Dhaka Stock Exchange on Thursday placed before market regulator Bangladesh Securities and Exchange Commission a set of proposals that included ceiling on issuance of placement shares at 25 per cent of a company’s paid up capital and limiting placement-share holders to 50 investors.
DSE on Thursday submitted the proposals to BSEC after getting approval of its board at a meeting held on Wednesday.
The bourse made the recommendations as it found unhealthy practices involving pre-IPO placement shares in recent times.
Apart from the proposal of limiting number of placement-share holders, DSE requested for a lock-in for a period of one year from the date of debut trading to thwart any abuse.
To shield the market from unusual volatility, shares of sponsors/directors/placement holders should be held under a separate category under Central Depository Bangladesh Limited with separate flagging system for identification.
The bourse also suggested that the shares of sponsor-directors should be under lock-in for the period of three years from the date of debut trading, not from the date of approval of prospectus.
Besides, if the company declares any stock dividend after debut, the stock dividend portion of the sponsor-directors would be under lock-in for one year.
The share sales declaration of sponsors/directors would be executed after 15 days from the date of declaration, to provide an opportunity to the general investors to decide as to whether they would hold their shares or not, DSE proposed.
If the shareholding of any director of a listed company falls under 2 per cent of outstanding paid-up capital of the company, his/her directorship would be ceased automatically.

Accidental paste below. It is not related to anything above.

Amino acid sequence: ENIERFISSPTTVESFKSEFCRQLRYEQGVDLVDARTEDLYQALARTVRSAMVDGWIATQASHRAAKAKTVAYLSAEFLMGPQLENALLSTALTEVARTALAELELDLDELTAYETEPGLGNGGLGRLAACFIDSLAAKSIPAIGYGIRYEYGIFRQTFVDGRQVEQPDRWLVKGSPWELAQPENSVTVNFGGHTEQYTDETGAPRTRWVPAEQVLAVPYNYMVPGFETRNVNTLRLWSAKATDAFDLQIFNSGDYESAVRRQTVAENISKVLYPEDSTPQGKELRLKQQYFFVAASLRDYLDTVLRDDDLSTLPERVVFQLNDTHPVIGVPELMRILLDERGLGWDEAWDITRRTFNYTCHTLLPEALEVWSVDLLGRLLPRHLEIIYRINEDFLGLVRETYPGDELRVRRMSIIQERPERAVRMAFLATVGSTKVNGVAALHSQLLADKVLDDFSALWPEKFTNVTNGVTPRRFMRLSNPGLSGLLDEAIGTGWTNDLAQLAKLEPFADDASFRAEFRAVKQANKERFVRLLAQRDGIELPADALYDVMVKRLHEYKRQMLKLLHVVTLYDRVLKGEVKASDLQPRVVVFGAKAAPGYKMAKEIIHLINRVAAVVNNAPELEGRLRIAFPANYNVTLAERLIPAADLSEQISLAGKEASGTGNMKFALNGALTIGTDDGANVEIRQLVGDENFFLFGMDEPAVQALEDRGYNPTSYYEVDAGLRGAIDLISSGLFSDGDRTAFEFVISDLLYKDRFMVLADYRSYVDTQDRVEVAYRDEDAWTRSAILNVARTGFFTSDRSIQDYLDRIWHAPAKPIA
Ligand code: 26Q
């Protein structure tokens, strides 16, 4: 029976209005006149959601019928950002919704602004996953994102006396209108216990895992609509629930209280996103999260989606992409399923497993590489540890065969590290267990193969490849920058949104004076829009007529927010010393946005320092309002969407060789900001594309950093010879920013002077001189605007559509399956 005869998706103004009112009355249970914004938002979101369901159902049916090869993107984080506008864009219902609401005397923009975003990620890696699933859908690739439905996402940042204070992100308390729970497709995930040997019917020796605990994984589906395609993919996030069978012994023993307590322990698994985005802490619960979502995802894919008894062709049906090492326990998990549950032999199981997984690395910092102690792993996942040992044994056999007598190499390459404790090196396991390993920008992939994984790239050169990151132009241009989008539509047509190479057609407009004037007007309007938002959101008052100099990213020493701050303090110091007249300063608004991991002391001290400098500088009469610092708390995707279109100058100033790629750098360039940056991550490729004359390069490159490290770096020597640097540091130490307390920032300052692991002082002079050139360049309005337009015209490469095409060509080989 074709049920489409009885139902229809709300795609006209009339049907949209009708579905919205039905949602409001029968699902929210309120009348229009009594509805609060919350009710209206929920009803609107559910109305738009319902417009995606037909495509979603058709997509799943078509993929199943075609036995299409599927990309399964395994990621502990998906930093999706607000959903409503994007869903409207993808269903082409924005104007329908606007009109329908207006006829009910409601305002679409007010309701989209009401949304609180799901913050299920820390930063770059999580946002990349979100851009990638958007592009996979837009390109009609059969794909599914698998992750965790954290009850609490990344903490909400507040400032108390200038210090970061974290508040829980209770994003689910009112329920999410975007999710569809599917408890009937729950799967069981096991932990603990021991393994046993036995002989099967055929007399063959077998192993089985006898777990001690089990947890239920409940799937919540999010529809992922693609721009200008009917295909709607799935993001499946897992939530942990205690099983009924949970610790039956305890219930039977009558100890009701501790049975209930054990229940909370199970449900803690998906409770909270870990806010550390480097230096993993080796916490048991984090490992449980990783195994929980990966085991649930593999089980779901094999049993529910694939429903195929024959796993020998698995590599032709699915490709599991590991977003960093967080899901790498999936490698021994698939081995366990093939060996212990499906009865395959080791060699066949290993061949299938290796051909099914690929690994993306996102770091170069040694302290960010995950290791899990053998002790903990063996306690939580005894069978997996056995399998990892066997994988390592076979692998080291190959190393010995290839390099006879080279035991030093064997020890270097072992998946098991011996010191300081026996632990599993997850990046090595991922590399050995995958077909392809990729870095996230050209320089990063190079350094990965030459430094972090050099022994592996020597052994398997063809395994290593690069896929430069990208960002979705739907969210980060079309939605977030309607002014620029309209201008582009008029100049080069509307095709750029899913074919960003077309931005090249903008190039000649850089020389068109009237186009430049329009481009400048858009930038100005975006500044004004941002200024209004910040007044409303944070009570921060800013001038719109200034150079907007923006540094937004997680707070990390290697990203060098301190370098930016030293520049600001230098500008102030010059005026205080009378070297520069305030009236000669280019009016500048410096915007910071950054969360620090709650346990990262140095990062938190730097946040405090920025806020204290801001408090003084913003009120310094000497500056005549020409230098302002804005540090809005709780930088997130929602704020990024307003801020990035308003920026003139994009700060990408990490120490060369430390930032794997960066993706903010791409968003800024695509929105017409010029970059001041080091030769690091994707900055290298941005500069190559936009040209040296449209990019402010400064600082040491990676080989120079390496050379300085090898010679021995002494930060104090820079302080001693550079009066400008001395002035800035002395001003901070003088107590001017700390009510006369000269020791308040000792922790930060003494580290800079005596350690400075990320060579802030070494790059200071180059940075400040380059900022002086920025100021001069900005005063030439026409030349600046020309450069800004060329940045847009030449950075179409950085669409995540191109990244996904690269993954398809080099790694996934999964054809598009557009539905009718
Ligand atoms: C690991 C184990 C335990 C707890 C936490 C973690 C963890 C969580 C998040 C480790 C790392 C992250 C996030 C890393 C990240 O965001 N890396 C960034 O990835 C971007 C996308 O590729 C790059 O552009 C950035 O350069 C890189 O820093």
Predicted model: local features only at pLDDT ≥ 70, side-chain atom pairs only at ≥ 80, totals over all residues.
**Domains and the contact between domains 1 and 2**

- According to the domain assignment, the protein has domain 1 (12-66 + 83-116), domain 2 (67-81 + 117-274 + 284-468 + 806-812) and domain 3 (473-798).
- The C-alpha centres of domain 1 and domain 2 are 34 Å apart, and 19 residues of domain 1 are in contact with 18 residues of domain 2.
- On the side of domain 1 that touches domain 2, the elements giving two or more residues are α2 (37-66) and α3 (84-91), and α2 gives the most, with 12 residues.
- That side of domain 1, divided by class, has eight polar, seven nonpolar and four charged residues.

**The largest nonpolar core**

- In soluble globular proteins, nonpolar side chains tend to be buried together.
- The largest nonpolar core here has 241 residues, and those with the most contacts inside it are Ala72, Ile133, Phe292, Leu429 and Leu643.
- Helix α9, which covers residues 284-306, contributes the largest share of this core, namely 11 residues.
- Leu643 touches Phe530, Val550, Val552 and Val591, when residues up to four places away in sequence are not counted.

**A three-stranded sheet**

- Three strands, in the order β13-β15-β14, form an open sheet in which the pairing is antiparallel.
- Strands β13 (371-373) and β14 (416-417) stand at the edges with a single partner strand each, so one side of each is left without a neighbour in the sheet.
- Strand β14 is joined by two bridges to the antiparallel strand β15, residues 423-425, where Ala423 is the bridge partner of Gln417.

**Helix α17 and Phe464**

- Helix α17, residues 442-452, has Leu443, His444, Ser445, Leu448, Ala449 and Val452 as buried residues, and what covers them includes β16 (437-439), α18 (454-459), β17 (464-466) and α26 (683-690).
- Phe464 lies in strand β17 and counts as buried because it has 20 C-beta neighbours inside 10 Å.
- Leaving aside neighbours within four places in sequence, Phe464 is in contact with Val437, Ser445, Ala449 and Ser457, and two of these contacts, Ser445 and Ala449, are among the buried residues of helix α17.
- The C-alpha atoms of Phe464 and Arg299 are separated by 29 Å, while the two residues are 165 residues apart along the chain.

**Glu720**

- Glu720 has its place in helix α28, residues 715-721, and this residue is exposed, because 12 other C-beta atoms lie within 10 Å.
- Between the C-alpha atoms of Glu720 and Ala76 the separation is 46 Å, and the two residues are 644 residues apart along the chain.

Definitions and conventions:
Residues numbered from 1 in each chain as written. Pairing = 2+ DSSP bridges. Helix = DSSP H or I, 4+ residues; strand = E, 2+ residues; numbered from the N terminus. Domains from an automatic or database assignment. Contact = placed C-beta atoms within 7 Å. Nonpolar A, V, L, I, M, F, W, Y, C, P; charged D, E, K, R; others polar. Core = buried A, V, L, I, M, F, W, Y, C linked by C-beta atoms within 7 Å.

DSE proposed that a new category should be launched for companies where sponsors/directors/promoters do not hold 2 per cent individually and 30 per cent jointly of the company’s shares.
Circuit breaker on highly volatile small-cap companies may be withdrawn so that tendency to reap unusual benefit is prevented, DSE proposed.
Supply of fundamentally sound securities is a major requirement for the country’s capital market and the market needs to attract companies which are large in size and are fundamentally strong.
Therefore, the government as well as BSEC can take required initiatives to offload shares of state-owned enterprises on the stock exchanges.
The government grants permission for private bodies to establish companies in the special sectors including power generation, LNG terminal and large infrastructure projects, DSE said adding, ‘We recommend encouraging these companies to offload at least 30 per cent of their shares through the stock exchanges at the time of granting permission.’
Currently a large number of foreign companies are running their business in Bangladesh, but only a few are listed with the country’s stock exchanges.
Many of these companies are also operating in neighbouring countries and are listed with the respective countries’ stock exchanges.
BSEC may consider initiatives to bring such companies to the capital market of Bangladesh, it said.
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